Small Business Failure
Don't Let Business Die Young Part 2
Written by Jay Shapiro for Gaebler Ventures
It might seem negative to think about the possibility of failure when you're starting up a business. But by doing so you are more likely to be able to avoid the main pitfalls that put many well-intentioned concerns out of action. Once again, just as deadly sins come in batches of seven, so too do the reasons businesses fail.
In my initial article on how to avoid business failure, I discussed entrepreneurial characteristics and motiviations. Let's now take a look at some additional drivers of business outcomes.
Three important determinants of business success or failure are management skill, funding and location. Let's take a deeper look at each of these key failure factors.
Poor management is often cited as one of the primary causes of business failure.
Very often, new business owners lack the relevant business and managerial proficiency in such areas as:
- Purchasing and selling
- Hiring/managing employees
Unless the business owner concedes that a given area isn't his/her forte, then they risk failure. It's far better to recognize the problem area and seek help from someone with expertise if you are not up to a task yourself.
Neglecting your business will also have dire consequences.
Particular attention should be given to the regular study, organization, planning and control of all the business's operations. Just because a business is set up and running, that doesn't mean there is no longer a need to examine market research results and customer data. These are often areas which get abandoned once a company has been established.
Generally speaking, the successful manager is a person with good leadership qualities who forms a work environment that will encourage productivity. He/she will be skilled at hiring competent staff and training them when necessary and he/she is comfortable with delegating. The good leader is a skilled strategic thinker, one who is able to visions realities, capable of confronting change, making transitions, and envisioning new potential for times to come.
Lack of Money
A frequent but fatal mistake many businesses make is that of not ensuring they have adequate operating funds. Many business owners seriously underestimate the amount of money that is needed. Because of this they are obliged to close shop almost before they have begun.
Often the new business owner has an inflated idea of how much revenue they will initially generate from selling.
It's crucial that you carefully calculate how much capital your business will need. And it's not just start up costs that need to be considered here, but also the costs associated with staying afloat in business. It's vital to take into account that a great many businesses need a year or even two to really find their feet and get established. During this period, you need adequate funds to pay all business costs until such a time as your sales can revenue can cover them.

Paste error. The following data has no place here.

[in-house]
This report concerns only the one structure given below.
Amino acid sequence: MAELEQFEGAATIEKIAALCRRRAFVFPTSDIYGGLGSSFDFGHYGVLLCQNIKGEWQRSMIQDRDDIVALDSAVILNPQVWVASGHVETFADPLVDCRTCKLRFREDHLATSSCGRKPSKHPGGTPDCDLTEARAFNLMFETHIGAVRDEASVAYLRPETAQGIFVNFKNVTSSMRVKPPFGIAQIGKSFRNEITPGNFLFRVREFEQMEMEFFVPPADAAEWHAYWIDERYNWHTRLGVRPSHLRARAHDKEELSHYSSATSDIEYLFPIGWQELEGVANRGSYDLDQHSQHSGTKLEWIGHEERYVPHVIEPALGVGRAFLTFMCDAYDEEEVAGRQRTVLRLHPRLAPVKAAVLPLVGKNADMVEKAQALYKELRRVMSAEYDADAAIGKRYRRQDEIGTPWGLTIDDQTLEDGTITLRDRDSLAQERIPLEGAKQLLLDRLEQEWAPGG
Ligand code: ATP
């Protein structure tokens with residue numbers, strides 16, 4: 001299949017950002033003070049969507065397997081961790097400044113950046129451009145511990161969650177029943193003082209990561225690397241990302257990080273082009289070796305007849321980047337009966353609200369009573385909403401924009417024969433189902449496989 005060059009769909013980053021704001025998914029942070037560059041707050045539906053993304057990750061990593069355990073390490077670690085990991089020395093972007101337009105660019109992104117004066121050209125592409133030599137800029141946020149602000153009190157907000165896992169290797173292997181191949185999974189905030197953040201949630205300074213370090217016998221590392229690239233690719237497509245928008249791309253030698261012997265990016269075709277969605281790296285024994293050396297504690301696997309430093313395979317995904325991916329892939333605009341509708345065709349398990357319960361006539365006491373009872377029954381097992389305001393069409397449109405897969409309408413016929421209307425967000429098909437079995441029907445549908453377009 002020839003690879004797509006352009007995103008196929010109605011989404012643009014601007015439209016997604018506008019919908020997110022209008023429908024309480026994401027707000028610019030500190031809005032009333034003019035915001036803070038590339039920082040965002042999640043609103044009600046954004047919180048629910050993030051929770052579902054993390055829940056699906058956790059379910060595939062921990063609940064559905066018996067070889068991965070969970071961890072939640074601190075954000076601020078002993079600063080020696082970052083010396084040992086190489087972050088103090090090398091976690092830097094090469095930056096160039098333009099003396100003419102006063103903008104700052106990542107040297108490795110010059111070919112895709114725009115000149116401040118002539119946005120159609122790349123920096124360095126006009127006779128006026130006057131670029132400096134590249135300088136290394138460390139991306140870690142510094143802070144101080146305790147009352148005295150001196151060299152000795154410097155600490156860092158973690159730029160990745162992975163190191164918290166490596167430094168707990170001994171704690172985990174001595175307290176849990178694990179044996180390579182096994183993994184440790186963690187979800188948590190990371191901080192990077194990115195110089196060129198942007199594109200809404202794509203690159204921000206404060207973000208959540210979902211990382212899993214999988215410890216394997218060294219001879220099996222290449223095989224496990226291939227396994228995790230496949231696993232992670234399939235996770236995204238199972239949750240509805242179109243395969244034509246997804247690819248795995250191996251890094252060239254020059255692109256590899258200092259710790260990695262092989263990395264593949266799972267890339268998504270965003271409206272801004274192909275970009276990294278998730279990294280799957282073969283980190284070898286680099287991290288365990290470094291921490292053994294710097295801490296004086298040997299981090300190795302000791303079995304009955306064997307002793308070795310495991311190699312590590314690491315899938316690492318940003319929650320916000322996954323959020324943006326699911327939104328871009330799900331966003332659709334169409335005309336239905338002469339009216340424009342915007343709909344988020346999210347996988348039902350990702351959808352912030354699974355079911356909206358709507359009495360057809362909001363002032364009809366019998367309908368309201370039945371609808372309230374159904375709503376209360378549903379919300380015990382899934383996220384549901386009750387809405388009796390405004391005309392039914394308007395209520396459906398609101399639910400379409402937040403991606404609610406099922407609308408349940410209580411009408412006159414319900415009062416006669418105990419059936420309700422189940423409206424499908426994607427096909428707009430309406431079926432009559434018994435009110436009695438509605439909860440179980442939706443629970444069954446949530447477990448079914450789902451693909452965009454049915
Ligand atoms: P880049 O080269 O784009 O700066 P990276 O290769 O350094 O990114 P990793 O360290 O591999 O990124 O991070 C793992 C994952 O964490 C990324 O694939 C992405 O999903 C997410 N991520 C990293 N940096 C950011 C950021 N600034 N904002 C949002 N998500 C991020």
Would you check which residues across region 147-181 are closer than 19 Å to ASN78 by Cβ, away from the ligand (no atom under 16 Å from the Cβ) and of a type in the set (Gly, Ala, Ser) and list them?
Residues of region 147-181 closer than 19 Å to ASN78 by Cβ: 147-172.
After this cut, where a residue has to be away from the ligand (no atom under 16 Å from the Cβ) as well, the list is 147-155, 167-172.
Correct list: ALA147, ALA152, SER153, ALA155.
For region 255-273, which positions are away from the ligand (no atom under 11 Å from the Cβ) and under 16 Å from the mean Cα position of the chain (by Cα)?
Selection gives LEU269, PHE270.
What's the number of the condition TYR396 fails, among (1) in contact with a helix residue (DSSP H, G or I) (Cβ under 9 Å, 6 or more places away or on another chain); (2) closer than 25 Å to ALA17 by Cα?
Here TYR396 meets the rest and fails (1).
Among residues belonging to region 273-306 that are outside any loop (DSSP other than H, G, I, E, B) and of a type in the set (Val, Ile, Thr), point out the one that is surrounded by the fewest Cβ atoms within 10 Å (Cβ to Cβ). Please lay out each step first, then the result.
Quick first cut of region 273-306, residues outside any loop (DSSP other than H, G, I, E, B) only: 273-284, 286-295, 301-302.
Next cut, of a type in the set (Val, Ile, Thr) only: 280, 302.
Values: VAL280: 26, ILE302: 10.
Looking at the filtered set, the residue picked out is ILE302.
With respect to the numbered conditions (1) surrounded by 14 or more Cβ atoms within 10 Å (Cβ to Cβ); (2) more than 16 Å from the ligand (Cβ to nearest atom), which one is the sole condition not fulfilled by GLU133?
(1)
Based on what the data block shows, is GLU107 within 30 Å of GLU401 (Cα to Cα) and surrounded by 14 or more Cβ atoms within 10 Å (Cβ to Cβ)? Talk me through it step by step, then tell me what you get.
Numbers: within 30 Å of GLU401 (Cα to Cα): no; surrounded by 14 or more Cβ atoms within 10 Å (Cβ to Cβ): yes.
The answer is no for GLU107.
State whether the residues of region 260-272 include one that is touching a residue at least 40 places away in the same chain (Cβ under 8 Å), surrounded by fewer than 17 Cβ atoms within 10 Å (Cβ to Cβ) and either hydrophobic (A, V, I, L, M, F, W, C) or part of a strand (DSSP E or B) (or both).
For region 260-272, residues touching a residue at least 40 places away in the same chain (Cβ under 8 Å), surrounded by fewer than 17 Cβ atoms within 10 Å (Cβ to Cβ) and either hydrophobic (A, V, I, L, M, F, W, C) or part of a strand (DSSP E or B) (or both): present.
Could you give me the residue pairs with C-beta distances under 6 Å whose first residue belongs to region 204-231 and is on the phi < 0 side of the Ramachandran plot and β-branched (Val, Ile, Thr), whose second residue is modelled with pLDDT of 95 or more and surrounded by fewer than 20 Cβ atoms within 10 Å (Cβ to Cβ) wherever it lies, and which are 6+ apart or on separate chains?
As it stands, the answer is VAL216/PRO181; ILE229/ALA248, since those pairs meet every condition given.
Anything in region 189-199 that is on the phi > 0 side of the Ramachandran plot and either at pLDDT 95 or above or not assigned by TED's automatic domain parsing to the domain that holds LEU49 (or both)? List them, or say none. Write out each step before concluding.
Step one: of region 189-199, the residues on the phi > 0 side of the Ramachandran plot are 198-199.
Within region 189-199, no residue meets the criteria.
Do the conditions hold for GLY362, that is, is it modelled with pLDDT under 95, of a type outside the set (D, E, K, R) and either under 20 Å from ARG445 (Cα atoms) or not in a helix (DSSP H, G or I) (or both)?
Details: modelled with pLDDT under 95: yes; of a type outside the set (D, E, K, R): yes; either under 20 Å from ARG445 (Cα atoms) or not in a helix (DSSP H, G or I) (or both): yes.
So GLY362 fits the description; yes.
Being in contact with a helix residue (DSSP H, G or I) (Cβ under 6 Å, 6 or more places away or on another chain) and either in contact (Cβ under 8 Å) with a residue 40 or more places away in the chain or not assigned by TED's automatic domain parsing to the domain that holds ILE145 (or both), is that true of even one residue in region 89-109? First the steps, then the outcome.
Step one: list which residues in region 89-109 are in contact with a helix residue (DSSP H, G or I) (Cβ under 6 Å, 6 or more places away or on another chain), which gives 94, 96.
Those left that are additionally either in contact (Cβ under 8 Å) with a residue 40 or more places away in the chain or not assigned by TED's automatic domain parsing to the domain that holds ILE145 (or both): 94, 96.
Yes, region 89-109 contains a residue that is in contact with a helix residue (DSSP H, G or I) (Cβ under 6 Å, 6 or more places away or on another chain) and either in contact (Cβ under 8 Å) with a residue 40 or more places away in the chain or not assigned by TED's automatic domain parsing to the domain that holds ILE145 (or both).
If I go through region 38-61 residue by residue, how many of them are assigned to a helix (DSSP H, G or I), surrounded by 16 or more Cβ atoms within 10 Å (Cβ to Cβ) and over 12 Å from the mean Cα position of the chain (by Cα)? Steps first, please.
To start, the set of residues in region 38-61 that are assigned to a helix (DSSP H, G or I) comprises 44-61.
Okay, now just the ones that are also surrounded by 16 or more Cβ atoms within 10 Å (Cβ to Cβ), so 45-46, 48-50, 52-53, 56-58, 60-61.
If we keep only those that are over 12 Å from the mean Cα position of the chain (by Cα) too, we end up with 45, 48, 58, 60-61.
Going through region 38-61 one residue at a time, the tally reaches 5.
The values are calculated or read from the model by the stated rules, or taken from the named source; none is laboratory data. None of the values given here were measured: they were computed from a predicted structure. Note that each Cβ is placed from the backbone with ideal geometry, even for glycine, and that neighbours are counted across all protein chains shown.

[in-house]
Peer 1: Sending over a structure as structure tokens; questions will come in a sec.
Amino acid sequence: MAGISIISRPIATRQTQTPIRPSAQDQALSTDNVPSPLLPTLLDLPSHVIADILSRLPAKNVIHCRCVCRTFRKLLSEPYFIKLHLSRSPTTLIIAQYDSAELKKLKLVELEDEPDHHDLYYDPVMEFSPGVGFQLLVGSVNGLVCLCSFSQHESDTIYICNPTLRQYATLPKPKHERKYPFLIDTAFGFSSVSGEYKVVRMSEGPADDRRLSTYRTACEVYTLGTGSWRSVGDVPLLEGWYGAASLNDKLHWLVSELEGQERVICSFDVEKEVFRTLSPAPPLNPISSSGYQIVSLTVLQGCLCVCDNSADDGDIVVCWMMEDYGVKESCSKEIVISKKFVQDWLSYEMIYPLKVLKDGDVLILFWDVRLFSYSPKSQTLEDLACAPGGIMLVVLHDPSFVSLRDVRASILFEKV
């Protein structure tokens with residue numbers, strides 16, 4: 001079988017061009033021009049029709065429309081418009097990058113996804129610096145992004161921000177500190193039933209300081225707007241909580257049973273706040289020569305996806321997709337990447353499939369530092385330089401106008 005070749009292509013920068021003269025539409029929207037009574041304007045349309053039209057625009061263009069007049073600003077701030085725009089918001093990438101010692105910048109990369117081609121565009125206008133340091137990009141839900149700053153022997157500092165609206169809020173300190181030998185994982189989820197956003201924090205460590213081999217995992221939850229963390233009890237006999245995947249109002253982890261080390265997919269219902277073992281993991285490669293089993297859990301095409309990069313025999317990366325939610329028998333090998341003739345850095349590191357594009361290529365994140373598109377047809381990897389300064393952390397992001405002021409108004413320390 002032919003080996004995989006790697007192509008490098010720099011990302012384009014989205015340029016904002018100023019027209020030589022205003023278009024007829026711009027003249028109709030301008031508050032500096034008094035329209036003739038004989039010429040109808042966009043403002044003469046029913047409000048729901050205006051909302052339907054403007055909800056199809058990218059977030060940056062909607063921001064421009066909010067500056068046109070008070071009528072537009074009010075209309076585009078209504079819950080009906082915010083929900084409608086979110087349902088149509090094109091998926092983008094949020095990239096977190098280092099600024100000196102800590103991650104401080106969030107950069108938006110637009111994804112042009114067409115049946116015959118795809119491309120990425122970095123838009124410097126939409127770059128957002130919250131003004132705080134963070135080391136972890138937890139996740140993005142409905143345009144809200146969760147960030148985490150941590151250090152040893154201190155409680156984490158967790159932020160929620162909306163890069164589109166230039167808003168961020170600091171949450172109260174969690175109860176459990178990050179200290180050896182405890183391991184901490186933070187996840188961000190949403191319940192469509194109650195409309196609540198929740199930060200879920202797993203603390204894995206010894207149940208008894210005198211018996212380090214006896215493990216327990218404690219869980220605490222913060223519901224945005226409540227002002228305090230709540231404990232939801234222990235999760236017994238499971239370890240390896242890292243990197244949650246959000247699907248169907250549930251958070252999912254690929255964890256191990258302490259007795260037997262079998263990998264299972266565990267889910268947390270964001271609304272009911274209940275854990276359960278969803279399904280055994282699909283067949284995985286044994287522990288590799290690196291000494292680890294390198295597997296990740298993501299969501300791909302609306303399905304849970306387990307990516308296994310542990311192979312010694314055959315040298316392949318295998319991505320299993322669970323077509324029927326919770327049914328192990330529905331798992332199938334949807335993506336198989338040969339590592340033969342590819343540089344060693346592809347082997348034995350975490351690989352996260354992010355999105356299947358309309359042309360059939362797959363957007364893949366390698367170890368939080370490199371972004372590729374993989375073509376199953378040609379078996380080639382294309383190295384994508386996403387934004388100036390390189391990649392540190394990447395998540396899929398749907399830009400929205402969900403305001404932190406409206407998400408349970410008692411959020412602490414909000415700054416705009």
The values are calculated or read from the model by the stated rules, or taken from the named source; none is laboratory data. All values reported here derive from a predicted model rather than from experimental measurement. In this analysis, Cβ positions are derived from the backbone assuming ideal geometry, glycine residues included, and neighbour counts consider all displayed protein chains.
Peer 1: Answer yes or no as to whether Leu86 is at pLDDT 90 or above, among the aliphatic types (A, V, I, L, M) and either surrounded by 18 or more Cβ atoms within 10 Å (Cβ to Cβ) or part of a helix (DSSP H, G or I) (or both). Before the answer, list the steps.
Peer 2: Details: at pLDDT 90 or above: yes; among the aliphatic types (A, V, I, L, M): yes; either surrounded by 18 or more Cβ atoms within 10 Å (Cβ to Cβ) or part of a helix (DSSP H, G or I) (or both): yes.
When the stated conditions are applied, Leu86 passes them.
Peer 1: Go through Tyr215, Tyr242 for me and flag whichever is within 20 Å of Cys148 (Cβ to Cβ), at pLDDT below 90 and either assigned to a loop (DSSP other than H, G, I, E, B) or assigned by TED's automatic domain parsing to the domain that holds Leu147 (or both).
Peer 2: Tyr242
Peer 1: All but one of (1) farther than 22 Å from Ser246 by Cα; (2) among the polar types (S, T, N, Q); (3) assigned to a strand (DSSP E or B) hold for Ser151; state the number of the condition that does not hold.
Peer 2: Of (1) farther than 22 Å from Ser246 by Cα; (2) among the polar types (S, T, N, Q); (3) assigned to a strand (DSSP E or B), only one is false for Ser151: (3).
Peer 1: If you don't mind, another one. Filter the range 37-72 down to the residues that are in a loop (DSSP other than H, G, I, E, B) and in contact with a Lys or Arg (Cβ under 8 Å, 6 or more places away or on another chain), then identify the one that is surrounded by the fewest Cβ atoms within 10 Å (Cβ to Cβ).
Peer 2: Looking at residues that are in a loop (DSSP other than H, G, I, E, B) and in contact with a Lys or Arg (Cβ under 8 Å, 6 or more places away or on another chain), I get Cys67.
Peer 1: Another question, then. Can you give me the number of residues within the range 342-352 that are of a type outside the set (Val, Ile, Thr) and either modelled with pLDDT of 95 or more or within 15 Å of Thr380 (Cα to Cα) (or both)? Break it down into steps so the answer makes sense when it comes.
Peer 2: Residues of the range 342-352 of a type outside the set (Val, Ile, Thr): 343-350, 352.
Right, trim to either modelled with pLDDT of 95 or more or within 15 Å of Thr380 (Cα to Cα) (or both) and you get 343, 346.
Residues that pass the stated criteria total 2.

We hear the term "location, location, location" bandied about so much these days that it's become almost hackneyed. But, where you are located is a critical element regarding the possible success or failure of a business.
A good location might actually give a struggling business a better chance of survival, but a bad one will almost certainly do untold damage to a well-managed company.
Consider the following:
- Where do your customers live and shop?
- What is traffic flow like in the area - is parking a problem?
- What is the location of your competitors?
- What condition is the building in, how does this stack up in terms of safety regulations?
- Are there any incentives for start-up business to locate in specific areas?
- The culture and history of the location. Its community character and possible receptiveness to your new business in the neighborhood.
Any Other Reasons Businesses Fail?
With all these potential points of failure, it's amazing that any businesses make it. But we are not done yet. In my third and final article in this series, I'll cover yet a few more reasons that businesses don't succeed.
Jay Shapiro is a freelance writer based in the UK. Jay has a particular interest in the emotive aspects of the entrepreneur's character. "Alongside the nuts and bolts of business, the character of the person is often the ingredient responsible for success."
Share this article
Additional Resources for Entrepreneurs